While doing my research for this blog post, I realized that there are two proper walking trails leading to the falls. Both of them are almost the same distance and allow you to visit Poulanass Waterfall in less than one hour. The scenery along the way, however, differs. And it’s by far the best part of these walks.
1. Poulanass and St. Kevin Cell (Bronze Route)
- Distance: 1 km (0.6 miles)
- Elevation Gain: 85 m (278 feet)
- Difficulty: Moderate
- Time: 30 minutes
The Bronze Route runs through the woodlands. Upon reaching Poulanass Waterfall, it streams downhill to the site of St. Kevin Cell. The historic landmark is a sight to behold. Yet a nearby viewpoint overlooking Upper Lake often steals the show.
2. Poulanass Walk (Pink Route)
- Distance: 1.6 km (1 mile)
- Elevation Gain: 100 m (328 feet)
- Difficulty: Moderate
- Time: 40-45 minutes
Starting as a steep walk uphill, the Pink Route proceeds above Poulanass Waterfall before descending to the valley floor, intersecting the Glendalough woodlands along the way.
The Best Time to Visit Poulanass Waterfall
Poulanass Waterfall allures the visitors all year round. The trail may be covered with snow in winter. Rain becomes an almost permanent companion during a visit to Poulanass Waterfall in warmer months.
The site is a gushing falls that runs through the green forest in summer. In spring, the greenish shades of the surrounding trees rejuvenate. This new coating along with the melted snow transform the waterfall, adding more vigor into its flow.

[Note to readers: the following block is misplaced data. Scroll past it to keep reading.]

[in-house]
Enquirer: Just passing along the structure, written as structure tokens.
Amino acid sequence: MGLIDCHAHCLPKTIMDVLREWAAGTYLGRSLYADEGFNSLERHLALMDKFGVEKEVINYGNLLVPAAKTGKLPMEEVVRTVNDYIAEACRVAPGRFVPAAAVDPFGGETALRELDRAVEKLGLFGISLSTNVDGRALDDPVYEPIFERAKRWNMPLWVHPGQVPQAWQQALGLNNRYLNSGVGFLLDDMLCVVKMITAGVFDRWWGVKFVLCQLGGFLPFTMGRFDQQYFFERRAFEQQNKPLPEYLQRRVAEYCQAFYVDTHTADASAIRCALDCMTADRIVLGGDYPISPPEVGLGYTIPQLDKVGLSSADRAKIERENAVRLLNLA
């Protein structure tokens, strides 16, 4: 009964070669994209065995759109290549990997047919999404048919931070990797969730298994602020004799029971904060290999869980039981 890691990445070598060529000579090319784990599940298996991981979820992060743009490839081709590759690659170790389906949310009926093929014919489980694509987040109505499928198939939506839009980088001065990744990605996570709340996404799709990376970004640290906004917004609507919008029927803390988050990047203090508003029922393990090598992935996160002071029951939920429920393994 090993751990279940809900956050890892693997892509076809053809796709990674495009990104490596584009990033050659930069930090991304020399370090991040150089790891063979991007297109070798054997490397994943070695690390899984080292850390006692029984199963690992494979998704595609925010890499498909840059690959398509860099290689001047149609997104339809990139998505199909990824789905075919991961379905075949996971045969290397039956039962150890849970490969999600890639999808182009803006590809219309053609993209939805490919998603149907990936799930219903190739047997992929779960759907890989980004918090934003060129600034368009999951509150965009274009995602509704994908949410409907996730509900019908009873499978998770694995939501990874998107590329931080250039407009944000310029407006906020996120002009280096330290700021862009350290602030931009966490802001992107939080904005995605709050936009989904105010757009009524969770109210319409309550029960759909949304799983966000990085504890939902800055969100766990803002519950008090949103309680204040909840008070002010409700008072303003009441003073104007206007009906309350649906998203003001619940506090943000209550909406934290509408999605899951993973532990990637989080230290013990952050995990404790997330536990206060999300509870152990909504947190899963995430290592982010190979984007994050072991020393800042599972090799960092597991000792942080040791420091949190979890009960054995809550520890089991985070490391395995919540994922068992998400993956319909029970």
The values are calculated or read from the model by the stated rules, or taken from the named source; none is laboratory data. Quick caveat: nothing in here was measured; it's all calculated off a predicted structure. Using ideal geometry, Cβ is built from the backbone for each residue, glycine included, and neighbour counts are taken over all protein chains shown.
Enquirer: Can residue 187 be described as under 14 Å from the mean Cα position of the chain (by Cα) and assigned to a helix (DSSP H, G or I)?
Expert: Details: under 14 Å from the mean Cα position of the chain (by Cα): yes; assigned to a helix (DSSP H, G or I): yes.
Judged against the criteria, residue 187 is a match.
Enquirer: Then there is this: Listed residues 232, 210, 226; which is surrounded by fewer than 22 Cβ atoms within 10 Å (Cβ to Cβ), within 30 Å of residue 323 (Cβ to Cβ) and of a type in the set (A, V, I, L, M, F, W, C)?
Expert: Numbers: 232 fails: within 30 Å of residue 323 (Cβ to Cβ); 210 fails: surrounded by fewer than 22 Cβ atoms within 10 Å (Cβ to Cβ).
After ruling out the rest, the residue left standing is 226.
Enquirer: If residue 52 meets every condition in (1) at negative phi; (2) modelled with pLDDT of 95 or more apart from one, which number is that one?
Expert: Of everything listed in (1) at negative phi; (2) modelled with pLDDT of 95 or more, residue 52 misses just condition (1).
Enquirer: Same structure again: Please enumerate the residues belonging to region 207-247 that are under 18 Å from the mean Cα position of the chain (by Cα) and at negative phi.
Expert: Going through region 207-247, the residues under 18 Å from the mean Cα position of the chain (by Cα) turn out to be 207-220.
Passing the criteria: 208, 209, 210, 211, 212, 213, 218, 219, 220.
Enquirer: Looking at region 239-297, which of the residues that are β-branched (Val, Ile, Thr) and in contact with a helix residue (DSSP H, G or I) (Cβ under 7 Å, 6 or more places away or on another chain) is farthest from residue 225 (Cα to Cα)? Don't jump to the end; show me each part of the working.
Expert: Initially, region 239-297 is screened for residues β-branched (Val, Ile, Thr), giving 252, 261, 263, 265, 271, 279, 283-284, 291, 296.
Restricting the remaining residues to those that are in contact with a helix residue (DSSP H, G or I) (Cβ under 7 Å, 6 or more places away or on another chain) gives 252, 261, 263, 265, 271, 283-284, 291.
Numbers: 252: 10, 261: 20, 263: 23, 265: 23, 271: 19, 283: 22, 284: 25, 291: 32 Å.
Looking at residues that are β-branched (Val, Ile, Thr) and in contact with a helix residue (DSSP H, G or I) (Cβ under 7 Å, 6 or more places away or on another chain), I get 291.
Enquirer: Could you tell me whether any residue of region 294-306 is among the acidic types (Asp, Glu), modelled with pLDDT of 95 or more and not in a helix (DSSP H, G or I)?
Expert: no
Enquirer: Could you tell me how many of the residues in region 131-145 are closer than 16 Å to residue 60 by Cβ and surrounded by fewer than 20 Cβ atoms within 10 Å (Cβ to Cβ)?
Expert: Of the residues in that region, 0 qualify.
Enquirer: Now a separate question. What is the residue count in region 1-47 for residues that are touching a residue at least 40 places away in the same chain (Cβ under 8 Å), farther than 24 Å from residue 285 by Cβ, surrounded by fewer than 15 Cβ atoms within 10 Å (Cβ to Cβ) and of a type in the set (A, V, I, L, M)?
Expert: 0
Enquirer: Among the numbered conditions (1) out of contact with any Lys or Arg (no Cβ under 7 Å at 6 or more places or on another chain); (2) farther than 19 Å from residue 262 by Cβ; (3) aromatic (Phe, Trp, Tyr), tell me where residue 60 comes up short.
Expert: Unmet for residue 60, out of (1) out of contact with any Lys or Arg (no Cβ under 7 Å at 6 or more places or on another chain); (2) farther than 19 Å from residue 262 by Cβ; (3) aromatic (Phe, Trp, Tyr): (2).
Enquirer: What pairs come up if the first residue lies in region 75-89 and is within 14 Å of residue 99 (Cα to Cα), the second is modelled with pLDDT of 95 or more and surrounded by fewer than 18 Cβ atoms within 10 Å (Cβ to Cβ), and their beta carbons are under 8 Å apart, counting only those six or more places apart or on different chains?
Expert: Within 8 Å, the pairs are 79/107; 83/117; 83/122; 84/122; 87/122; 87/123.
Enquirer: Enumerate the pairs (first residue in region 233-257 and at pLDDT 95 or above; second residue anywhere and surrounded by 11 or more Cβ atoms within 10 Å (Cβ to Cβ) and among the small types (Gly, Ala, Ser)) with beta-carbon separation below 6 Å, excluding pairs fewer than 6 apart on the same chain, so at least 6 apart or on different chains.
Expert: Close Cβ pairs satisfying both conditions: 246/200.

Yet visit Poulanass Waterfall in fall and fall in love with the surroundings and deep green tones with a touch of autumn brilliance. The green colors hardly ever fade on the Emerald Isle. The country that is known for its forty shades of green holds on tight to its signature color.
Things to Know before Visiting Poulanass Waterfall
1. You are not Alone
While Poulanass Waterfall is rarely the main attraction to visit in Glendalough, the place can get crowded. Weekends are usually the busiest. Expect to see many other travelers paying a visit to the churning Poulanass Waterfall after exploring the Glendalough monastic site.
2. It Rains Often
Ireland is a land of rain. It rains a lot and often. Glendalough and the Poulanass Waterfall area are not exempt of sudden downpours.
3. It Can Get Slippery
The visit to Poulanass Waterfall includes walking uphill, along the slippery trail. Good walking shoes surely help cover this distance without making you look like a ballet dancer gliding on a muddy “stage”.
4. The Poulanass Waterfall Area is Packed with Epic Places to Visit
Lower and Upper Lake, the monastic site, St. Kevin Cell… Glendalough has far more to offer than just a short visit to Poulanass Waterfall. So be willing to explore more and often.
Visit Poulanass Waterfall Photo Diary
Although Poulanass Waterfall should be enjoyed in person, here is a short photo diary to inspire you to visit this picturesque destination at some point in the future.